Paralegal Schools Vs Law School

Paralegal Schools Vs Law School

Deciding whether to attend paralegal school or law school is not an easy task. Both have significant pros and cons, making the decision a challenging one. If you are trying to decide between these two career paths, here is some valuable information you can use to help make your decision.

Pros of Pursuing a Paralegal Career

Paralegal school is much more affordable than law school. In fact, many paralegals can start their careers with just three months of paralegal-specific training, provided they have the right college education behind them. Most paralegals start working with little school debt other than the college loans that most people have, in comparison to lawyers who graduate law school with tremendous amounts of debt, usually pushing the six-figure mark.

Paralegals do not have to pass a school entrance exam. Those who take the LSAT and do not receive high enough marks to enter law school often have no choice but to enter the paralegal program, unless they want to continue taking the LSAT in order to improve their marks.

Paralegals also have less stress in the field than lawyers. Since they must work under an attorney or lawyer, paralegals answer to someone other than themselves for their actions. Also, working in law requires long hours. Paralegals are usually able to get overtime pay. This is not the case for lawyers.

Cons of a Paralegal Profession

Pursuing paralegal school when you qualify for law school limits your advancement opportunities. There is only so far you can go in the system as a paralegal. The highest you can earn in most markets is $90,000 a year.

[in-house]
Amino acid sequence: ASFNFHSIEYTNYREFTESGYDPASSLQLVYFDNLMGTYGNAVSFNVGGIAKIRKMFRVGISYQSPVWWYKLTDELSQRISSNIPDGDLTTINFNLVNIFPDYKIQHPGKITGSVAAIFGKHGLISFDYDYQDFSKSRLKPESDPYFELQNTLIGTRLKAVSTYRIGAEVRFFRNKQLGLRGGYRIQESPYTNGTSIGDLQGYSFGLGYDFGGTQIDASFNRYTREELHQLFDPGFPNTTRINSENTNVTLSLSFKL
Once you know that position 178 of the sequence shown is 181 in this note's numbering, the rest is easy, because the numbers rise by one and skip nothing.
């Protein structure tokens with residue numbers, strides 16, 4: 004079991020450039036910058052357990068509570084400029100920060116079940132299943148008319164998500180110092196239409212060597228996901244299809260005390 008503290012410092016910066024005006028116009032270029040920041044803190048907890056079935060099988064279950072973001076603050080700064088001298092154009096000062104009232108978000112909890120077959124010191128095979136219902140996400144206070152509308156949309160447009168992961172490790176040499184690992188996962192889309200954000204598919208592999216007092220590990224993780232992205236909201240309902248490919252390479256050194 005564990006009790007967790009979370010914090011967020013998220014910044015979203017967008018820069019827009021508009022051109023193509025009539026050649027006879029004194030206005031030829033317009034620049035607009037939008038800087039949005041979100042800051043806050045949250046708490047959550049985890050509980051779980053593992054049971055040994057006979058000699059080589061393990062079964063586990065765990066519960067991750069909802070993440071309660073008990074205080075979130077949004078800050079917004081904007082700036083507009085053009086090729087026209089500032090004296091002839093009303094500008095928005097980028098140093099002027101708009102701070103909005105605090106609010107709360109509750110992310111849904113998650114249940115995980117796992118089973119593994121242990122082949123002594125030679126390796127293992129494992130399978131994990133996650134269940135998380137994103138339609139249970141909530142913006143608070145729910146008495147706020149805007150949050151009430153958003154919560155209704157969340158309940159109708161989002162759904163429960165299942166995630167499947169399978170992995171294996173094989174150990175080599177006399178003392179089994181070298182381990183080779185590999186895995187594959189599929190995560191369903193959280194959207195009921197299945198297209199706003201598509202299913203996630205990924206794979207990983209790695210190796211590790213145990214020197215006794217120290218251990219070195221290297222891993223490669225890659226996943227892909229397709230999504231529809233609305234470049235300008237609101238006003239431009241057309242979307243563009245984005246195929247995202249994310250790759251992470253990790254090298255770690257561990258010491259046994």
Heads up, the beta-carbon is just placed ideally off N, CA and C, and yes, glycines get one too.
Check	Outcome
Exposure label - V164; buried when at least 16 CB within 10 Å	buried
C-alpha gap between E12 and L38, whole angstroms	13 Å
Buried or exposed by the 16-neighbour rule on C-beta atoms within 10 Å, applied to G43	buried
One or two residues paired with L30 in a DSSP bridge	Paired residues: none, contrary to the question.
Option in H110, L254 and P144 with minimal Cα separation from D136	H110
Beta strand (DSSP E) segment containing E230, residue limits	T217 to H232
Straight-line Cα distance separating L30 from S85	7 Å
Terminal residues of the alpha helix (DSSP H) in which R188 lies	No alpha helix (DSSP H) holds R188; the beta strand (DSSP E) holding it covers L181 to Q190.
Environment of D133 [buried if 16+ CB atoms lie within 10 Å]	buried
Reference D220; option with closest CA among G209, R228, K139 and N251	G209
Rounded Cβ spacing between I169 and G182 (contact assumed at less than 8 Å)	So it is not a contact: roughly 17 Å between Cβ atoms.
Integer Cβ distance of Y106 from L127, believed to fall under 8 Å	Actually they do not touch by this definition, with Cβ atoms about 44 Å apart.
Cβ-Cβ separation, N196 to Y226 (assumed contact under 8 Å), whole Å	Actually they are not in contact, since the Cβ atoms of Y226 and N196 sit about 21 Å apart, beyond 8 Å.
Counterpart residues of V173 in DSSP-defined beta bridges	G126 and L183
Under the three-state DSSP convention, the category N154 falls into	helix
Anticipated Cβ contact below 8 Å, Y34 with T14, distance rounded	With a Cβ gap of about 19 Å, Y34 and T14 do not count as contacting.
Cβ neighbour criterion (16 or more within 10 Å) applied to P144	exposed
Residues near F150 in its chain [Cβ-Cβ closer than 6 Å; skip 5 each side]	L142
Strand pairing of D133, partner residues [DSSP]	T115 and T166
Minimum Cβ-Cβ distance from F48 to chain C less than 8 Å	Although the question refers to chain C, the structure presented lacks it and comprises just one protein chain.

Some people feel that the tasks assigned to paralegals are mundane and become routine over time. This eliminates some stress, but also may eliminate the challenge of the job. Paralegals usually operate in a shared office environment, which some may view as a con to the job.

Pros to Attending Law School

The main two benefits to attending law school are unlimited career growth potential and the fact that a good lawyer has unlimited earning potential. If you are successful as a lawyer, you can grow in your profession and pursue a broad range of specialties. If you start your own firm, you will not be limited by the direction others wish you to pursue.

A successful lawyer has a lot of perks. Secretarial support and the help of paralegals are all benefits enjoyed by leading lawyers. Lawyers typically work out of private offices and enjoy a diverse assortment of tasks throughout the day.

Cons of Law School

The main drawback to law school for many people is the tremendous cost. If your LSAT scores are high enough, you may be able to get aid. However, most people end up graduating from law school with a lot of debt.

The other drawback is all of the testing you will have to do. First, you will need high enough LSAT scores to qualify for a law school program. Once you graduate, you will have to pass the bar exam in order to become a lawyer. It is entirely possible for a student to go all the way through law school and fail to pass the bar exam, which means that a career as a lawyer is impossible, in spite of the money spent on paralegal schools.

So which career path should you pursue? Only you can answer that question. If you desire to have unlimited income potential and feel you have the knowledge and resources to pass the rigorous testing required for law school, then pursue that option. If, however, you wish to take the safe route, a career as a paralegal may be the best option. You now know the benefits and risks of each career, so you can make a more informed decision.

Source by Amy Nutt

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